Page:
Academic Authorship—Order & Rules

Assigning appropriate authorship is fundamental to guarantee professional conducts and ethical practices when publishing academic and research papers. Until the beginning of the 20th century, individual authorship for research papers was the norm. However, shared authorship became more and more common since approximately 1920. Nowadays, it is easy to find academic researches signed by plenty of people, even hundreds, especially when it comes to large researches and trials. The reason is simple and well-known: academic publications are gold for researchers and their careers.

But are interests in being a part of publications affecting researchers’ professional and ethical practices? How to decide who may sign academic research papers?

Some Common Authorship Rules

There are plenty of guidelines designed by different institutions to determine authorship rules. These standards always have something in common: their goal to avoid academic misconduct.

Let’s start with the assumption that authorship should be discussed between all the co-researchers. However, contributors usually have different expectations regarding who to include as an author.

To guarantee ethical practices and avoid conflicts of interests, many institutions establish some minimum basis:
– Authorship may be reserved to all those who contribute substantially to the research (designing the concept, collecting, analyzing or processing data, writing the paper, etc.)
– A researcher may not be excluded because of his rank: there is not a surprise that many junior researchers are sometimes excluded from research papers’ authorship, even when they really contributed. By the same token, seniority or a high institutional position may not be a sufficient reason for attributing authorship.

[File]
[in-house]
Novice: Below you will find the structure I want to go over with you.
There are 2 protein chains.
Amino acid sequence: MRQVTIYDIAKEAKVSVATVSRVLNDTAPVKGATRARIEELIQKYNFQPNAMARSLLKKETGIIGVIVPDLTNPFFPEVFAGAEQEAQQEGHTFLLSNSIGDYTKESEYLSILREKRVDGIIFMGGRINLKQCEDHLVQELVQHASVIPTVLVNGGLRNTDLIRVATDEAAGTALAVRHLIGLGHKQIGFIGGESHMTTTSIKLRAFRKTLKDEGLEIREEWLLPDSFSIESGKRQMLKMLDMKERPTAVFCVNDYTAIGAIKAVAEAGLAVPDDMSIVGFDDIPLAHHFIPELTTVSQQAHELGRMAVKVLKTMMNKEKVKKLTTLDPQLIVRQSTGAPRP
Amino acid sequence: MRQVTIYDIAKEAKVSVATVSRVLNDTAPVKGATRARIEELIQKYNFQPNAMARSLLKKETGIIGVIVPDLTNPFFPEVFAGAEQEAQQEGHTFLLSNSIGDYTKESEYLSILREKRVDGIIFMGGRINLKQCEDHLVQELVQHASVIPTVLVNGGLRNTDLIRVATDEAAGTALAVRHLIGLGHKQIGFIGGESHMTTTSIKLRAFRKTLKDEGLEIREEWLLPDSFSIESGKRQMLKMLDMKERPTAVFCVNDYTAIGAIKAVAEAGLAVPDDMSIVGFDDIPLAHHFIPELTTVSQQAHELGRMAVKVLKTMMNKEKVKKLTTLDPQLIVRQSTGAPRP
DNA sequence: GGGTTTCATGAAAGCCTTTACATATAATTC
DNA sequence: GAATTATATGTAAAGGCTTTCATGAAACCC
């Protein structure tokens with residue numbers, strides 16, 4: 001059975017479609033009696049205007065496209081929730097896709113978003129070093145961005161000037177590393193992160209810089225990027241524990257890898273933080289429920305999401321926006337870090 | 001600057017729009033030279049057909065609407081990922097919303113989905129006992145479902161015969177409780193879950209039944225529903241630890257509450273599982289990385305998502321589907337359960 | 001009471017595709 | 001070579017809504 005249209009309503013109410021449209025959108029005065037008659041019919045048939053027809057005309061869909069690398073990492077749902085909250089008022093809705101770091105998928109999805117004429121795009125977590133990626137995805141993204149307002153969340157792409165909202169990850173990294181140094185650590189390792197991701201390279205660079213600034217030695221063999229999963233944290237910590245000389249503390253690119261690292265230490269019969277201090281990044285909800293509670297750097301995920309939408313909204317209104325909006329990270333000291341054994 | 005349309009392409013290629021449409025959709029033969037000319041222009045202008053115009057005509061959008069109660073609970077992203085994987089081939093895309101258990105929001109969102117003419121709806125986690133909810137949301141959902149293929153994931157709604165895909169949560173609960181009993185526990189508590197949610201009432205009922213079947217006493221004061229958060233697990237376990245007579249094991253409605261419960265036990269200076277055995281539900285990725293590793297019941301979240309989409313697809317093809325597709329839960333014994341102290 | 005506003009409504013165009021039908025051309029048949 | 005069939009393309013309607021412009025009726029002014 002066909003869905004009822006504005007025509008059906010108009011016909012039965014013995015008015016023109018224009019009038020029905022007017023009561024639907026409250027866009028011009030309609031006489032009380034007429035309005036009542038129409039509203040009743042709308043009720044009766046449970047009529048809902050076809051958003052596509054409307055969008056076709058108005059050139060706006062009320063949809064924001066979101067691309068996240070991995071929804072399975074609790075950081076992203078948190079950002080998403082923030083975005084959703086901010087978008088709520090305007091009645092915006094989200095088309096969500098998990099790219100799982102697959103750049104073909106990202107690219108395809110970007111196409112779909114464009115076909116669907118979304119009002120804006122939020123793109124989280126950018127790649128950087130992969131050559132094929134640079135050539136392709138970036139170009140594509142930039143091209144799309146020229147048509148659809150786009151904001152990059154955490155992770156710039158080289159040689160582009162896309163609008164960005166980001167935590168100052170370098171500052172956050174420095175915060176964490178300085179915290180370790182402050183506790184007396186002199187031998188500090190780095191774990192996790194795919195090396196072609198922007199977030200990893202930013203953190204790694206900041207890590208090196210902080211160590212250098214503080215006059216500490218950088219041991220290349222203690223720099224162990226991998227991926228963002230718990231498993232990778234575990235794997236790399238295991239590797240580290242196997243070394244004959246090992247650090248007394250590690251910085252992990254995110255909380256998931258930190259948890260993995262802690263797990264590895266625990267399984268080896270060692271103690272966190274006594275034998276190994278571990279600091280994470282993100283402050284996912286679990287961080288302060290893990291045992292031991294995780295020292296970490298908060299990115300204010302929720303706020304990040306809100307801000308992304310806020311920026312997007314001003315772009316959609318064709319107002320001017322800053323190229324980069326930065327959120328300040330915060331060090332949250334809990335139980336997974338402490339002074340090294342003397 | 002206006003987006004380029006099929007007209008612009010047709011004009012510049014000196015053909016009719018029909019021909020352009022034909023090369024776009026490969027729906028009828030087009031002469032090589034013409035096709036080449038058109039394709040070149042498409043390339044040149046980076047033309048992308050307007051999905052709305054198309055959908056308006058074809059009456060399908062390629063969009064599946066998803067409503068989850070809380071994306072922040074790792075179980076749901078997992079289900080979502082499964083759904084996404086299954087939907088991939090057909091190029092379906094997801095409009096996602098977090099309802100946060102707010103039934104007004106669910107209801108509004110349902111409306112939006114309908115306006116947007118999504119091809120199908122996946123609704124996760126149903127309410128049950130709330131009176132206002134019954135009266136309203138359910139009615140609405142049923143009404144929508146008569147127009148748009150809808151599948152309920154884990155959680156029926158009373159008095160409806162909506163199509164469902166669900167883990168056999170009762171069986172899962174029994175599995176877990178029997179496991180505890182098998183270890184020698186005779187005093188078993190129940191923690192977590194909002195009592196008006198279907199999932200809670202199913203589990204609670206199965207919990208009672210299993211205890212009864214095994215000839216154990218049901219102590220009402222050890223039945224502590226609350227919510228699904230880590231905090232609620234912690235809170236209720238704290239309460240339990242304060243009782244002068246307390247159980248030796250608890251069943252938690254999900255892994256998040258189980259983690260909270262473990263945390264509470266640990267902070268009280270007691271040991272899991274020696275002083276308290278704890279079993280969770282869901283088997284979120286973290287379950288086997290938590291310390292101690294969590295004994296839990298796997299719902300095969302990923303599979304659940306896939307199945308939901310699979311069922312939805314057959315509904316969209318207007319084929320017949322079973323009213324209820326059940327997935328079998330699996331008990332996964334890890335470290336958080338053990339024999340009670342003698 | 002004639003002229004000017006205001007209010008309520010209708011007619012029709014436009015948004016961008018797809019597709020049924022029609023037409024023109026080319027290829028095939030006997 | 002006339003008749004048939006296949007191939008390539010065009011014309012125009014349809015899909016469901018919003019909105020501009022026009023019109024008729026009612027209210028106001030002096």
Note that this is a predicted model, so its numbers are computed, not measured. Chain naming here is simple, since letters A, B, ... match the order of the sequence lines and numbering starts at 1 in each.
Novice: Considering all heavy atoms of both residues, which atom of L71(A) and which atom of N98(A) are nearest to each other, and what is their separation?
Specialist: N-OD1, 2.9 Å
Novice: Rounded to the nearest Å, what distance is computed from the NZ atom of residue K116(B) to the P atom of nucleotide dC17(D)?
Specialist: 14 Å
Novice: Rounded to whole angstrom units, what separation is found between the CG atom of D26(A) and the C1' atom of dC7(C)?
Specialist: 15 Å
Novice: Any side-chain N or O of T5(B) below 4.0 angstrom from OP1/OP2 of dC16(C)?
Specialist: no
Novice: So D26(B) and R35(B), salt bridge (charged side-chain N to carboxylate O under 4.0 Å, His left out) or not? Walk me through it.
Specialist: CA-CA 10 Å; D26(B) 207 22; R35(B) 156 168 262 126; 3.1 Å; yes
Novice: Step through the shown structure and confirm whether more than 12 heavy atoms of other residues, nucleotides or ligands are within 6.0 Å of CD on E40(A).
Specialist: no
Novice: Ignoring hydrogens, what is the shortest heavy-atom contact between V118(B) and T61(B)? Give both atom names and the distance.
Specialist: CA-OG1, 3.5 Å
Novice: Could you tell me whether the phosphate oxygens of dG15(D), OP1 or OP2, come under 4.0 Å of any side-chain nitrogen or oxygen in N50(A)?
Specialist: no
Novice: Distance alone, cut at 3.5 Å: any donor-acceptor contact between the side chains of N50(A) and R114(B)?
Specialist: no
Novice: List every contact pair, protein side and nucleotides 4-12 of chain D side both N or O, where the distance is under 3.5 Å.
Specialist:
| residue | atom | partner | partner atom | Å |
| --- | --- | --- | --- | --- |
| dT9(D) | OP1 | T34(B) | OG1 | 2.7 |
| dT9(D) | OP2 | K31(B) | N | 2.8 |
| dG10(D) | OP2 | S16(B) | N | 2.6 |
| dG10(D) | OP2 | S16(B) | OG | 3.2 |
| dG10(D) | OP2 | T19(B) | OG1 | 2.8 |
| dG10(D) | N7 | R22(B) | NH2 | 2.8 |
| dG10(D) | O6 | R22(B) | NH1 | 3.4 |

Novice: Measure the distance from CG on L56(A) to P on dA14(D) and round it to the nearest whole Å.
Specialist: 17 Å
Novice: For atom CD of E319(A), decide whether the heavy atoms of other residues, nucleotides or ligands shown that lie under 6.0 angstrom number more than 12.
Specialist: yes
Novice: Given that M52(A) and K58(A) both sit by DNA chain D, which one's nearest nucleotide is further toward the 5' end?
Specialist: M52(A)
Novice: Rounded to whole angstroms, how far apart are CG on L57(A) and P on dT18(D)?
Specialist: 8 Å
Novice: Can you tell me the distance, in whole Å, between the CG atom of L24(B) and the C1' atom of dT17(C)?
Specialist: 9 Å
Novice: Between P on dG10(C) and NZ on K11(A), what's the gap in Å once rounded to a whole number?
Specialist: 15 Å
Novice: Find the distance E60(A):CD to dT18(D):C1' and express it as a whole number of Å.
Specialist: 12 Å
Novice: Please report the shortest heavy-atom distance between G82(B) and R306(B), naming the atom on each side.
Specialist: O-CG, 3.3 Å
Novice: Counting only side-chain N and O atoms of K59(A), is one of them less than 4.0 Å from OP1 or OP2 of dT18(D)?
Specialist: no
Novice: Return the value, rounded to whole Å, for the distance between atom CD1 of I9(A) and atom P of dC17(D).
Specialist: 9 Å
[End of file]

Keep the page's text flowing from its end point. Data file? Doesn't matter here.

– Authors share responsibilities for the research results.
– All of them should approve the final version.

How to Deal with Authorship Order?

In some academic fields, major contributors sign first. However, this practice can easily lead to conflict. Therefore, many institutions recommend listing the authors alphabetically, to ensure that all who have contributed are mentioned equally. This is a common practice in some academic areas such as mathematics or economics.

This way of listing can be complemented by a correct use of footnotes, to mention different kinds of contribution. Using footnotes properly is considered a good and professional practice.

Another solution is adding acknowledgments, to mention all who don’t fulfill the requirements for authorship but have contributed to the research.

Avoiding Problems

As mentioned above, institutional position should never be enough to attribute academic authorship. However, many academic misconducts are related to academic authorship nowadays.

Ghost authorship, that occurs when a researcher is not included as an author, is common nowadays. Many publications don’t give credit to junior researchers or investigation staff members, who actually contributed highly to the research. This practice is also used to avoid naming participants related to conflicts of interest.

Honorary authorship is also common. Naming authors with high institutional positions gives credit to the publication, but does not give researchers their due credit.

Sometimes, academic personalities who didn’t make a real contribution are named just to give recognition to the paper. This practice, known as guest authorship, can damage an author’s reputation.

Some other times, authors are included without their permission, becoming involuntarily responsible for the publication.

What are the consequences of all these incorrect applications? How to guarantee ethical practices? Academic institutions work worldwide to determine authorship rules. Their goal is clear: stop these misconducts in order to restore the dignity of academic publications. 

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